Published February 2, 2018
Recently, I flew on a WOW air flight from New York that connected to the airline´s new route to Tel Aviv. The plane was full of Israelis, which I, as a Jewish woman, knew because they were speaking Hebrew and looked Israeli.
The fated club sandwich
As food service started, an Israeli man next to me asked the stewardess for the sandwich choices. She told him they had a ham and cheese baguette and a chicken sandwich. He bought the chicken sandwich and was immediately dismayed to find out that there was bacon on it. He angrily told the woman that she did not tell him the sandwich had bacon. The stewardess immediately became confused as to why this was a problem, and was even somewhat pissed off at the man’s extreme reaction.
After a small argument, she finally refunded his money and he, in a huff, said he would never fly WOW air again.
With a Jewish population of only a little more than 100, there is obviously little demand in Iceland for kosher food. And with no synagogue or resident rabbi, it’s impossible to truly live a religious life in the country, so why then would the stewardess even consider bacon being a problem? How would she know about the kosher law? Where would she have learned it?
The interaction would not have bothered me if not for the fact that WOW air now flies to Israel, more or less inviting the Jewish population of that country into Iceland. While I am not kosher, I began to wonder just how a Jew could eat here. Is there kosher food available?
Pardon me, Kosher?
The rules surrounding kosher food are—like any selection of religious doctrines—negotiable. Some Jews follow all; others pick and choose. For instance, the man on the plane did not ask if the chicken was certified kosher, but he did have a problem eating bacon.
That said, the mandatory rules are that one cannot mix meat and dairy (“You may not cook a young animal in the milk of its mother” (Ex.23:19)), and can only eat meat that has cloven hooves, chews cud, and has been slaughtered in a certain way by a religious slaughterer called a Schochet.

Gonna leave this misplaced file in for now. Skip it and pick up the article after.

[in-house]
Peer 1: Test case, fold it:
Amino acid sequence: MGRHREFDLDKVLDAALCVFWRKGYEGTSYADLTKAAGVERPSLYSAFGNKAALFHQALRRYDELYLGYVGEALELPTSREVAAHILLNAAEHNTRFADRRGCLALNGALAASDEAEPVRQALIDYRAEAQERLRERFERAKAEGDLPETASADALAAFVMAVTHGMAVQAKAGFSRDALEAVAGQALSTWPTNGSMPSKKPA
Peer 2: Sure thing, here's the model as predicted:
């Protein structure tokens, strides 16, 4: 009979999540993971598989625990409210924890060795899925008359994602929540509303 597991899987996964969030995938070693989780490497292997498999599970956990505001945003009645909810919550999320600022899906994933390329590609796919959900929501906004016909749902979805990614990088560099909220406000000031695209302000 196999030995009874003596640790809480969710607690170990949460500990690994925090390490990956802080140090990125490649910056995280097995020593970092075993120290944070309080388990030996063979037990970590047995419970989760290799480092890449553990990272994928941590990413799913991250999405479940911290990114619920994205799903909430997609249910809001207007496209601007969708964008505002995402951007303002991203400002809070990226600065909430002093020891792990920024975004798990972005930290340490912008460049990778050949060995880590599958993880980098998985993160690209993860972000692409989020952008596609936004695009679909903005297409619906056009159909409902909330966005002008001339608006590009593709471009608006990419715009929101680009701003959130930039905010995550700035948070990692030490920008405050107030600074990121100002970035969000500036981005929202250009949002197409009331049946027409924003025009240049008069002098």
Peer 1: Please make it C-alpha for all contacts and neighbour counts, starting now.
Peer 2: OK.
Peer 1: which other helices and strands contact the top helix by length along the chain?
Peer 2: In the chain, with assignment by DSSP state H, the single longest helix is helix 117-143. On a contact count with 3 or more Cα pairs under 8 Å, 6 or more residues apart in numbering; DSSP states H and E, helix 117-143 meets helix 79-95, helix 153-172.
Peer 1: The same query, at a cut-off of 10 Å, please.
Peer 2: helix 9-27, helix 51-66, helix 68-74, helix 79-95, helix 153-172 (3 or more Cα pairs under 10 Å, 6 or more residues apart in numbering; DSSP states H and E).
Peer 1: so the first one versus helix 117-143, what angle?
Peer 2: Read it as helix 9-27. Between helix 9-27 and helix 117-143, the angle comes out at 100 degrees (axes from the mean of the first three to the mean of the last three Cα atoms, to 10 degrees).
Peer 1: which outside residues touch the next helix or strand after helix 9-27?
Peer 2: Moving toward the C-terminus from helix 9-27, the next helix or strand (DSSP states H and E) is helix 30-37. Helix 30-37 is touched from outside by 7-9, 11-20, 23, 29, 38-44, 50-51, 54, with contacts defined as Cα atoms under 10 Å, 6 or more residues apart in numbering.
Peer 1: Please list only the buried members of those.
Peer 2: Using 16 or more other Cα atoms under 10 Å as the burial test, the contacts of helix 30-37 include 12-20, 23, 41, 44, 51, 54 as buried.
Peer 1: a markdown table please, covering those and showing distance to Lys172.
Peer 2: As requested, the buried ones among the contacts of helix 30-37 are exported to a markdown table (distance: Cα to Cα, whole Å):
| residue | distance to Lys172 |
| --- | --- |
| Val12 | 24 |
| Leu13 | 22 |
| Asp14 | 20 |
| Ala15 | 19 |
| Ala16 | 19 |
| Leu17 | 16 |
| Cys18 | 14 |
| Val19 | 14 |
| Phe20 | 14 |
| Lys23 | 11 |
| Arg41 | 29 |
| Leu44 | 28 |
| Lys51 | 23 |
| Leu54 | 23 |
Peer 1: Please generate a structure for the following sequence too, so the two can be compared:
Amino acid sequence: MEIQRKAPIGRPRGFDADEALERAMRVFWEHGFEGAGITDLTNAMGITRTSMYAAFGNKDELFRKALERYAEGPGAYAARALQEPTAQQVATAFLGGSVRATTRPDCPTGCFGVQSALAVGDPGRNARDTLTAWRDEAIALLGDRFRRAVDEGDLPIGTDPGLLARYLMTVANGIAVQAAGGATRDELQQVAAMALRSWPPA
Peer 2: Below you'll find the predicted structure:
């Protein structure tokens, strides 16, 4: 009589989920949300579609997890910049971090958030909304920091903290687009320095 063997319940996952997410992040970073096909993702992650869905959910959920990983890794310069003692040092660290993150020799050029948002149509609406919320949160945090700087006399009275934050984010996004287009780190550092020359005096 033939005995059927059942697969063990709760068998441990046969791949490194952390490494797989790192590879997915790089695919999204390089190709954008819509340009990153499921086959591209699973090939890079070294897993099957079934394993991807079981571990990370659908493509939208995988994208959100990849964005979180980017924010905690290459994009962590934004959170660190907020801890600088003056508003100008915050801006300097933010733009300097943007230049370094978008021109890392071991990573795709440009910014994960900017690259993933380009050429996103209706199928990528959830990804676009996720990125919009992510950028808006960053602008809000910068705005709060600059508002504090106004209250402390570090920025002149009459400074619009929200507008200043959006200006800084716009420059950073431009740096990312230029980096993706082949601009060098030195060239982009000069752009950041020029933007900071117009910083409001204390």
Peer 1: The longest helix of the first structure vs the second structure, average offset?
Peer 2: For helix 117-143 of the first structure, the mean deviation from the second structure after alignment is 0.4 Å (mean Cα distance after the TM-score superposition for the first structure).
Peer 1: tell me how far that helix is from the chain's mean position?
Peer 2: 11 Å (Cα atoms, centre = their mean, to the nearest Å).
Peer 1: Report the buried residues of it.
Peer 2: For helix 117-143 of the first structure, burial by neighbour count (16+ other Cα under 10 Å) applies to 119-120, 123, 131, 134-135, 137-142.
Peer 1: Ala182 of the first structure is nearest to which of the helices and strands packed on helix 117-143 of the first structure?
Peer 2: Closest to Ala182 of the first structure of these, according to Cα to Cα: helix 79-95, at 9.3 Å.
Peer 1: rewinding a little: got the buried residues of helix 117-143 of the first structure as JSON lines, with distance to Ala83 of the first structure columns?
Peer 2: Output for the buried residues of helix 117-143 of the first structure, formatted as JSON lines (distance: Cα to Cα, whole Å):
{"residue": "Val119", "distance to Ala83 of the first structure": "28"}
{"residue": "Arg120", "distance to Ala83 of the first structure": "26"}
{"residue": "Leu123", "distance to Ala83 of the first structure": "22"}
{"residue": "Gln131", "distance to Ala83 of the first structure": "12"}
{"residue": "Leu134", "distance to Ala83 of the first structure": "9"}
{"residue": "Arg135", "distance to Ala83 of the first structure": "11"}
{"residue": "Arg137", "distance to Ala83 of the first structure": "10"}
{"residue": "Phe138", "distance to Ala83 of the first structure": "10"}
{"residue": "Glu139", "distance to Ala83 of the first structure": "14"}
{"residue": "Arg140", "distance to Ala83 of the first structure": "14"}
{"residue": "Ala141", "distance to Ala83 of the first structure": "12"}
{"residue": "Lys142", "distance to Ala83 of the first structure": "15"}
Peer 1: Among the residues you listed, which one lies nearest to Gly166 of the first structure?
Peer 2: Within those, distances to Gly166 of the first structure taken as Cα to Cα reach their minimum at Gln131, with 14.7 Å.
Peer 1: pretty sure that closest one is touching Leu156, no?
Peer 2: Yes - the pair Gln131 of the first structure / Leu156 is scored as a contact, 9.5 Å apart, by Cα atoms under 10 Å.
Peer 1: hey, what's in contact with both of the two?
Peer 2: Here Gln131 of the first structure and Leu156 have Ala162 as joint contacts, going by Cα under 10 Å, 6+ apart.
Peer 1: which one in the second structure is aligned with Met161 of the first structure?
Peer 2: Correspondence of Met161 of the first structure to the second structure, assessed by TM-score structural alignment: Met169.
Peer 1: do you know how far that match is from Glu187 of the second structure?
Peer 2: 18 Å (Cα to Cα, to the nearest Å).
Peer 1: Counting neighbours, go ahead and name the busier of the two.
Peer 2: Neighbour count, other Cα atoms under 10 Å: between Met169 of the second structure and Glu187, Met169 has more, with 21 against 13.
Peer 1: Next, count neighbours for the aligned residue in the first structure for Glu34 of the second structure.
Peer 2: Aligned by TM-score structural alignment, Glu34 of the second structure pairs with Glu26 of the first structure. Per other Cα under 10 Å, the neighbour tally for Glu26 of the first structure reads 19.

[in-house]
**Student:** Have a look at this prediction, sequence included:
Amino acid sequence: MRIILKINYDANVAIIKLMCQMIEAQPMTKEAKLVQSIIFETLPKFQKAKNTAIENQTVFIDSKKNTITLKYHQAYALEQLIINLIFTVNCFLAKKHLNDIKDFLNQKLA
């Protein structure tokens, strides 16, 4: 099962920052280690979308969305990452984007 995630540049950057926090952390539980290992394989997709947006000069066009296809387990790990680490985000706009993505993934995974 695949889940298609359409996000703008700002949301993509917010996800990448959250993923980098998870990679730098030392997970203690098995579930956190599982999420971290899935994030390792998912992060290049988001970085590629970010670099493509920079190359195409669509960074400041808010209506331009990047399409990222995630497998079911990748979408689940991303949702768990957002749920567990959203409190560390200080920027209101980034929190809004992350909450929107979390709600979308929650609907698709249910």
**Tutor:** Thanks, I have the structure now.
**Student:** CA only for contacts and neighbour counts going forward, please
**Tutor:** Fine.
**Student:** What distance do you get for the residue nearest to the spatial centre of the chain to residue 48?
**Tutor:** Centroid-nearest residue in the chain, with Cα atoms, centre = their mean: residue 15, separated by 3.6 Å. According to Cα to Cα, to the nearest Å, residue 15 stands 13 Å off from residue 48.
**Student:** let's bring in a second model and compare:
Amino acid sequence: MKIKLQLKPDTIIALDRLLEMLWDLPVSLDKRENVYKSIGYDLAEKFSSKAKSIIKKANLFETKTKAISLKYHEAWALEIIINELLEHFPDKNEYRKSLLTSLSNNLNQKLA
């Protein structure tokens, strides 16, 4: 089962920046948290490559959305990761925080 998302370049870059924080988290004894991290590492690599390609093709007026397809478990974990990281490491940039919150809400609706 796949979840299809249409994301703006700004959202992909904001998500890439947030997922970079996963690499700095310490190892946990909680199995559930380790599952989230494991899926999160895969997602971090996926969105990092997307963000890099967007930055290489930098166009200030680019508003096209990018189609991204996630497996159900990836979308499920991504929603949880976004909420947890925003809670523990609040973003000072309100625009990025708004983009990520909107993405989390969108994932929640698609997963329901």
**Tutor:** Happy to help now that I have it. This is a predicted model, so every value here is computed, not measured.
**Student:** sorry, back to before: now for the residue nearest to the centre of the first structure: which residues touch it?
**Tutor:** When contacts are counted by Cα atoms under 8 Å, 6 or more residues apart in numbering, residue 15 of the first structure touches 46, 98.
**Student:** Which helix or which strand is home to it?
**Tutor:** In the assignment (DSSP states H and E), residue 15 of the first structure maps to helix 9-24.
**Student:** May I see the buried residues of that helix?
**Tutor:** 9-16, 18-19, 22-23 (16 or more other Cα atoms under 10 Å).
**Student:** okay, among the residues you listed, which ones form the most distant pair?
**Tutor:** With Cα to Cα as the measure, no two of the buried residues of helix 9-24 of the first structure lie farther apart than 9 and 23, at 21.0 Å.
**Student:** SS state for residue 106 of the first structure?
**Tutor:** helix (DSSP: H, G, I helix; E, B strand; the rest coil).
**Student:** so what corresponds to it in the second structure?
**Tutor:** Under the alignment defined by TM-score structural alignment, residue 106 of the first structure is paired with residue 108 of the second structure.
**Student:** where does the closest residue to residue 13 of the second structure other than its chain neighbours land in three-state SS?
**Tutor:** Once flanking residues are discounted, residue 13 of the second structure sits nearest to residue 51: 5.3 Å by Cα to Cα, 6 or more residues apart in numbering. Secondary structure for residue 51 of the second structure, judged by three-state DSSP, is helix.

Without a Schochet present in the country, no meat can be prepared correctly here. As well, kosher meat must be killed with a clean cut in the neck without being stunned first. Unfortunately, Iceland follows the EEA regulations on slaughterhouses which requires stunning before slaughter. Thus even if a Schochet was present, all kosher meat would still be illegal in Iceland.
In another consideration, dairy can only be eaten from kosher animals, which knocks off all dairy and eggs sold in Iceland. Wine must also be from a kosher winery, which knocks off all wine. The only foods that are completely safe here are fish, fruits, and vegetables.
In countries like America and Israel, most food that is kosher—including pasta, rice and grains—has a stamp on it. This ensures that there are no processed ingredients that are not kosher. In supermarkets here though, there are rarely stamps—even though most are probably kosher—so for religious Jews, these foods would still be too risky to buy.
Because kosher food is so fickle, most religious Jews are used to bringing along suitcases of kosher food when travelling. But again, WOW air is flying to Israel, so perhaps there should be some consideration about kosher food in the country. On online forums—TripAdvisor and the like—there are numerous threads discussing Kosher options in Iceland. Some have intimately explored the grocery stores. Barilla, an Italian pasta brand that is certified kosher in the States, is quizzically not in Iceland. This was the same with many other foods: Nutella, Kellogg´s cereal, Hunt´s pasta sauce. Hagkaup did have the largest selection of Kosher products, so if you are looking to grocery shop in Iceland as a Jew, this would be your best bet.
But what about eating out? While fish, fruits, and vegetables are always safe, most restaurants called were very ignorant about kosher food. Most representatives told me all the meat there could be prepared without dairy, but didn’t know that meat in Iceland was already not kosher and had no idea that pasta and other grains had to be certified as well.
The representative at Fiskmarkaðurinn was the most knowledgeable. He immediately told me that no meat in Iceland would be appropriate, but fish dishes would be ok and if I really wanted to stay within the guidelines, it’d be best to ask my hotel chef to prepare something with ingredients brought from home.
WOW air is currently looking into the club sandwich matter after Grapevine contacted them. But of course, no country is required to tailor themselves for any ethnic group. That said, if Iceland is interested in Israeli tourism, it’s perhaps a good idea to make sure that they don’t starve or accidentally break their religious tenets here.